gif: dr


B&B hugs are my favorite hugs of all the time. 

“You can’t wrap love in a box, but you can wrap a person in a hug.” - Unknown


Imagine pulling pranks on Stephen Strange.

“[f/n]! What have you done to my cloak?” Stephen demanded, his limbs flailing as he struggled against the cape.

You just laughed as it tugged him this way and that, “I have no idea what you mean, Doctor Strange.” Of course, that was a lie. You had gotten the cape in on your prank war and you had made sure it was on your side. Your idea was purely harmless so it had readily agreed in its own way. It was fun to mess with Stephen. He was so uptight, after all.

Stephen yelped as the Cape of Levitation continued to pull him around, “[f/n]!”

“Maybe try turning it off and back on again!” you called, grinning. The cloak seemed to look at you in shock and you held up your hands in a placating gesture, “Okay, okay, just kidding. Carry on.”

Gif Credit: Strange


As a contrast to the previous gifset, I wanted to make one with the classic video by Dr. Sophia Yin showing counter conditioning in action. This is a dog that had been displaying aggression severely enough to be up for euthanasia. The stimulus prompting aggression in this video is having his face blown on. While we don’t hear anything about the dog’s history, it’s pretty easy to assume that this is fear-related, as shoving your face at a dog’s face is pretty aggressive body language, a lot of smaller dogs have fear-related aggression due to their boundaries being ignored, and I don’t see any resource-guarding behavior.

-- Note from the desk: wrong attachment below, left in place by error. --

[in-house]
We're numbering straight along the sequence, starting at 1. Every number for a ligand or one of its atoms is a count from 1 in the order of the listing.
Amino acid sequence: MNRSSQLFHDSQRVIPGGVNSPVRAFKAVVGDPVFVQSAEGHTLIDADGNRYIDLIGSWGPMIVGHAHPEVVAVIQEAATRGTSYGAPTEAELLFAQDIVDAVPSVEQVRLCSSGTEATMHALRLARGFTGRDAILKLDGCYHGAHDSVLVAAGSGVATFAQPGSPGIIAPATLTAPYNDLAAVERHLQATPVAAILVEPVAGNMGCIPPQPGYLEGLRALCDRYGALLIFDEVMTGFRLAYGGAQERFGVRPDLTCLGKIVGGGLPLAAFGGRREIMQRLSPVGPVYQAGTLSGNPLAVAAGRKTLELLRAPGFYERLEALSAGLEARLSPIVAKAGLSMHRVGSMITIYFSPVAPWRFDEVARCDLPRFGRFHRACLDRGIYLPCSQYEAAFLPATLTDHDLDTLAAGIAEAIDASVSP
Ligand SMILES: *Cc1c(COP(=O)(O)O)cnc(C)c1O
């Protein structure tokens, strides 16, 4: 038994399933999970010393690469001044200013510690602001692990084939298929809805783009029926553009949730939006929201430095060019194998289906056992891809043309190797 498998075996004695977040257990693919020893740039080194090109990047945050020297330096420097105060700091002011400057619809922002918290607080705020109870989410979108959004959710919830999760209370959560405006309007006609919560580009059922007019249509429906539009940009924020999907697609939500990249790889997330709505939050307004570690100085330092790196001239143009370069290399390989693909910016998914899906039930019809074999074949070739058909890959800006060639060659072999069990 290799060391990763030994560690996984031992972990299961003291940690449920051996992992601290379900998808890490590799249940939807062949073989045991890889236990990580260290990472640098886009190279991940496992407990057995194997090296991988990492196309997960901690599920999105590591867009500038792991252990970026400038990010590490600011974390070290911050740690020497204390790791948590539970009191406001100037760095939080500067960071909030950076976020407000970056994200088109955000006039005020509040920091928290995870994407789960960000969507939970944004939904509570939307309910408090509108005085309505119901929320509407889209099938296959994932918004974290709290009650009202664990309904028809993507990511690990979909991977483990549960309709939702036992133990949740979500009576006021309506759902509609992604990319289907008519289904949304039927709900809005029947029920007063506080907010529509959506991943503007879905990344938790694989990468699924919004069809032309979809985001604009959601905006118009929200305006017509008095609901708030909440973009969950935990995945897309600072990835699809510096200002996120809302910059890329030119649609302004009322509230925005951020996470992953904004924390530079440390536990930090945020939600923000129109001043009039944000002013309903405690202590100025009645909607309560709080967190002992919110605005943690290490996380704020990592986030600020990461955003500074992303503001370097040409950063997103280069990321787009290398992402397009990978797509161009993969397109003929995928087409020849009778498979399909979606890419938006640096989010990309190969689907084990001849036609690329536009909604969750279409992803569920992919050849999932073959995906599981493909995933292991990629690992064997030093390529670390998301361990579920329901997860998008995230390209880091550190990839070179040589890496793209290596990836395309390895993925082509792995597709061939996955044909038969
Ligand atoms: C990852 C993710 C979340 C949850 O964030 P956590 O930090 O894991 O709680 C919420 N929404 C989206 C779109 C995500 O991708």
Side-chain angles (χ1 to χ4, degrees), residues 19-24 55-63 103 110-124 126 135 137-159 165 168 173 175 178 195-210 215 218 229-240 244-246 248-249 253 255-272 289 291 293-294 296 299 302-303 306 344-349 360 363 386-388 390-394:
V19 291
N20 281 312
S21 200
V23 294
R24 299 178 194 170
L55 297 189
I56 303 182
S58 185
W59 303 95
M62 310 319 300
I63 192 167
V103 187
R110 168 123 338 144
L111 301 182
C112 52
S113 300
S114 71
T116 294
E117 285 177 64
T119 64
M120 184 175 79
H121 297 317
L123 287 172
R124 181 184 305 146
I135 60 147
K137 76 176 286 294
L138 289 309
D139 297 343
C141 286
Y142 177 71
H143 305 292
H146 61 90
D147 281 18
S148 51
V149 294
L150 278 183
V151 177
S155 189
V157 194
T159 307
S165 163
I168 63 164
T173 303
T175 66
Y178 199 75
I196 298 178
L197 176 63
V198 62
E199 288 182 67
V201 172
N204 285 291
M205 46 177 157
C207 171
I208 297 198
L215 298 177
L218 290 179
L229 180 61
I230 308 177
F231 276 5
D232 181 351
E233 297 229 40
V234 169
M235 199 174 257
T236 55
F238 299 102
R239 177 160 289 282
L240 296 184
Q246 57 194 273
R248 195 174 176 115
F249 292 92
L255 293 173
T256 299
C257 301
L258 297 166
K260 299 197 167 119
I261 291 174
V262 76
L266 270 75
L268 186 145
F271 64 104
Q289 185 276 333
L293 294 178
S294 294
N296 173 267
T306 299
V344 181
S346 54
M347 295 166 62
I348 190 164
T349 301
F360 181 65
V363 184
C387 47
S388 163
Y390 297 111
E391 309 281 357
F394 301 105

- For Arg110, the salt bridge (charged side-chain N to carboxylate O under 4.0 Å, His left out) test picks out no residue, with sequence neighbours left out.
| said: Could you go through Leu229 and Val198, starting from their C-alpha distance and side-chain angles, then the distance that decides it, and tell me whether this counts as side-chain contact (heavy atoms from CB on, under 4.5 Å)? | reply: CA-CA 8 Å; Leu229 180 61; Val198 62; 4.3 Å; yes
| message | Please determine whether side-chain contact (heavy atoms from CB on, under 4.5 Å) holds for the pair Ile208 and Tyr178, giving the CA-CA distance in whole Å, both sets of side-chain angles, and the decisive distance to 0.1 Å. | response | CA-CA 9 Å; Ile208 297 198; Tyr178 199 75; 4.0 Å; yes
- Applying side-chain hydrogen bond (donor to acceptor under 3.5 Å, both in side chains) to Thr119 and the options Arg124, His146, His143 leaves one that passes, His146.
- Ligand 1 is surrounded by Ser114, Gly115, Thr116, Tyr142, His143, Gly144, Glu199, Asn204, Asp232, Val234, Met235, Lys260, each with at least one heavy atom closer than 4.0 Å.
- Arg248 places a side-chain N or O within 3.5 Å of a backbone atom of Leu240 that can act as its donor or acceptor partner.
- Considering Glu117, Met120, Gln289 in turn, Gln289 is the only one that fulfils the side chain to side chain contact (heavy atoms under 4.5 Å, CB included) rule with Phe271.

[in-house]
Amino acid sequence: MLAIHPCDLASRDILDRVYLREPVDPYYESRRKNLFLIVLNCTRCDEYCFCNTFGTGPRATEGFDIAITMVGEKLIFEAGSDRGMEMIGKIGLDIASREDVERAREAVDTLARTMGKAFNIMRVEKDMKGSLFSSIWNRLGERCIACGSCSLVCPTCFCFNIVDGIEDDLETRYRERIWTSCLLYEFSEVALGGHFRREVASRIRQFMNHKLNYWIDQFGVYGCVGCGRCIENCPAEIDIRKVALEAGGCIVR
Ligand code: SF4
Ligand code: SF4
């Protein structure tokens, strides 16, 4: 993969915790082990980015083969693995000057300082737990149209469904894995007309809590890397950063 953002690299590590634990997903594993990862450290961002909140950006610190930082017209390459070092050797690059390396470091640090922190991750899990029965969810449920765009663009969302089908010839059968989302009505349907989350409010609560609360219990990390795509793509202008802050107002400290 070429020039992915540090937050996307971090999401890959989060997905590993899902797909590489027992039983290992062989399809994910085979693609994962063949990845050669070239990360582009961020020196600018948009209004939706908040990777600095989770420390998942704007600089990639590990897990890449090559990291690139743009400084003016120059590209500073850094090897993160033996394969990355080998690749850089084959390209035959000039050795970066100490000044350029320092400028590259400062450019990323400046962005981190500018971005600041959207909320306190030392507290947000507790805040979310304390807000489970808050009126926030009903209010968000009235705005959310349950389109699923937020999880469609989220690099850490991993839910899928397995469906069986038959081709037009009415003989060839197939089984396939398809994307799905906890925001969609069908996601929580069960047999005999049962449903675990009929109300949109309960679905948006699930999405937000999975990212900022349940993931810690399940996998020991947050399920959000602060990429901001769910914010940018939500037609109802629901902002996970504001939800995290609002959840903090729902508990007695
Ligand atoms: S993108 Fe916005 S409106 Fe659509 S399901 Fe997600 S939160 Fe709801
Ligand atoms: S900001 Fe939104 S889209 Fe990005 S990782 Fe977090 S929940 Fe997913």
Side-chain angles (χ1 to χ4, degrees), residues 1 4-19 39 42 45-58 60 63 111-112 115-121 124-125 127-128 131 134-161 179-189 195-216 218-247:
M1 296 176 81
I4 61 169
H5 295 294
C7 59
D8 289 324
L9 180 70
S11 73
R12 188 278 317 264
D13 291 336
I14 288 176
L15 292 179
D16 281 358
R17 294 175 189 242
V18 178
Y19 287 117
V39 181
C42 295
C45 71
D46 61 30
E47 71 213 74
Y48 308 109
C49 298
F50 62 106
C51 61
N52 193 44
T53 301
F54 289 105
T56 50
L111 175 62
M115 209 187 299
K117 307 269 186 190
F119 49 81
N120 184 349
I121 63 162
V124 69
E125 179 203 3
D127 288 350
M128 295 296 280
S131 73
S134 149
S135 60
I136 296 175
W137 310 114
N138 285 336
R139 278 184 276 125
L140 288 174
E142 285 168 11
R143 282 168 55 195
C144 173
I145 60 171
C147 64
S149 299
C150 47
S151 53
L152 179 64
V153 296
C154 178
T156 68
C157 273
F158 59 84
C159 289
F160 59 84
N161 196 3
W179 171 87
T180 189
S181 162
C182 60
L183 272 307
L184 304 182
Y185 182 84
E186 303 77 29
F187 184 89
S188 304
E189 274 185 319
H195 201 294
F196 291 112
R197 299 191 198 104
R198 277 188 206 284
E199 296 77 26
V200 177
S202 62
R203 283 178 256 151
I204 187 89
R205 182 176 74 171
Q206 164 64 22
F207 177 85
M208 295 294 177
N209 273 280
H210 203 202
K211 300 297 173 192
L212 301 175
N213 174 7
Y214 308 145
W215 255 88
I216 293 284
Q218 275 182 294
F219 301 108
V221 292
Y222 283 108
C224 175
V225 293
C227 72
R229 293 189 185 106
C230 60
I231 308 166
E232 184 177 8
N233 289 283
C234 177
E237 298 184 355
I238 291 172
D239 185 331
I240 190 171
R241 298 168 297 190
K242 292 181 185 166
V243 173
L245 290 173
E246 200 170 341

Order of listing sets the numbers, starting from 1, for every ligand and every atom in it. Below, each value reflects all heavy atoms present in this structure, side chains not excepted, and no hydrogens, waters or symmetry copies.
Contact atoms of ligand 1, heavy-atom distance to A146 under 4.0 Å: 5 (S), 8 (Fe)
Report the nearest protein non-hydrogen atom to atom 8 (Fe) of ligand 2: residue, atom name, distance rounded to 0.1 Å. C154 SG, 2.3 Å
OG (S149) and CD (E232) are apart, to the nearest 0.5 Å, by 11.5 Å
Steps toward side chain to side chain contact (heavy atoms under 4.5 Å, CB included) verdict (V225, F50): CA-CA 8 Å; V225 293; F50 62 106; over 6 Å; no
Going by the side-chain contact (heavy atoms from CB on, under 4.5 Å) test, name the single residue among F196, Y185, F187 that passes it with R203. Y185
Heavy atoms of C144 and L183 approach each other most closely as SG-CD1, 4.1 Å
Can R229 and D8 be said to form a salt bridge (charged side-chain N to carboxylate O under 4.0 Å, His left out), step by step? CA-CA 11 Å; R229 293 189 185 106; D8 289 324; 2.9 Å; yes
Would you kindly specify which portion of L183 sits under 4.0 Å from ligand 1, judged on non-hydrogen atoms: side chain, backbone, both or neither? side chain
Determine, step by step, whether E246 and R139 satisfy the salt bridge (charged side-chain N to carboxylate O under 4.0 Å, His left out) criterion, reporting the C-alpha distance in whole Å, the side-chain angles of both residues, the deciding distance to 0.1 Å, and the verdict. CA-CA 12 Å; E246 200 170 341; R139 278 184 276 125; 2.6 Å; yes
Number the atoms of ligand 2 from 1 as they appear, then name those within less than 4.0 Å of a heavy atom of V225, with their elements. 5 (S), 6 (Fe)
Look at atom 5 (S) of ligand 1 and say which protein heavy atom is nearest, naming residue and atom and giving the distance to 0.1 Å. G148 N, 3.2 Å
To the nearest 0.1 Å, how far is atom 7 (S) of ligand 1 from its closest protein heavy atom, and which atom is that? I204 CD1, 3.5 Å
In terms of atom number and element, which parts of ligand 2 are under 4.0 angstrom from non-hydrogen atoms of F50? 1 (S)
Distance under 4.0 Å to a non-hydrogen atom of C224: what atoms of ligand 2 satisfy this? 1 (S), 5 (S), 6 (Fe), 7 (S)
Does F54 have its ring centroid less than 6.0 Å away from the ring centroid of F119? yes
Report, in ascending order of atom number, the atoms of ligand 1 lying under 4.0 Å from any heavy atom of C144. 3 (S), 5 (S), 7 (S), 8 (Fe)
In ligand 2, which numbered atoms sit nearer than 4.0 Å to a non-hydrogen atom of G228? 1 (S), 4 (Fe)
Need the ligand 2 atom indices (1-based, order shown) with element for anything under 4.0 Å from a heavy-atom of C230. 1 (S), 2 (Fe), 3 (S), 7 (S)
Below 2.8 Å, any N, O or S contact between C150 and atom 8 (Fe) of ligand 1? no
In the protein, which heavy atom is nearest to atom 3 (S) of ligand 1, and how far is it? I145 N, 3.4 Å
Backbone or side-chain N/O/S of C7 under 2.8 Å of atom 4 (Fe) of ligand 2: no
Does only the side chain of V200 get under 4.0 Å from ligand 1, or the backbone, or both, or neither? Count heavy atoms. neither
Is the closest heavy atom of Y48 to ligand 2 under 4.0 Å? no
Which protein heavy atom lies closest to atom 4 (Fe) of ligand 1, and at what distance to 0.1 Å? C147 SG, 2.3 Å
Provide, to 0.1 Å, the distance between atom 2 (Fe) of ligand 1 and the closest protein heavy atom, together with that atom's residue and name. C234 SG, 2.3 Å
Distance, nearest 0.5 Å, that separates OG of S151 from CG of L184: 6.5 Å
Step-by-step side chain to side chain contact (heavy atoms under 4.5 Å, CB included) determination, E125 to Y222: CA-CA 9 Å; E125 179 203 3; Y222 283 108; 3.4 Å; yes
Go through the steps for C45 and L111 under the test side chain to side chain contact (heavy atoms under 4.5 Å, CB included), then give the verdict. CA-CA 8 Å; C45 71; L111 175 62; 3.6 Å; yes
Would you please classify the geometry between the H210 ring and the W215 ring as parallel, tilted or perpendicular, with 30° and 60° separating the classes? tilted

You can’t draw a complete parallel, but there are a lot of similarities between this video of an aggressive dog and the video of the aggressive horse. This dog seems to be making a big aggressive display and then retreating, instead of continuing the attack with the intent of causing serious injury. The horse had its movement restricted to the round pen, and this dog has its movement restricted by a leash. Both are unhappy and dangerous animals.

Dr. Yin resolves the aggression by pairing the provocative stimulus (blowing on the dog’s face) with food. After only a few brief sessions and a bit of time, the dog no longer exhibits aggression when prompted. He doesn’t enjoy the stimulus (he still moves his head back and away, and there’s a bit of lip licking) but having his face blown on no longer provokes aggression. Instead you can see eagerness for the treatment and what looks like enjoyment of the exercise (tail wagging, what looks almost like a play bow or an attempt to get a reward with a behavior he was taught, ears forward, open relaxed mouth, looking up at her face). His emotional reaction and outward behavioral response are dramatically different.

I don’t present this as an example of why counter conditioning with food is a preferential miracle cure (dogs are a lot more likely to exhibit aggressive body language, so the horse probably had way more of a backlog of fear, whereas this guy’s fear could be worked around relatively quickly. I also wouldn’t ever recommend anyone tackle aggressive body language straight up with a leash restraining the dog, and definitely not by blowing into the dog’s face, where it’s so easy to get bit) BUT this shows a similar scenario, similar aggression, and a different protocol for resolving the problem that doesn’t involve the use of an aversive stimulus to work around aggression.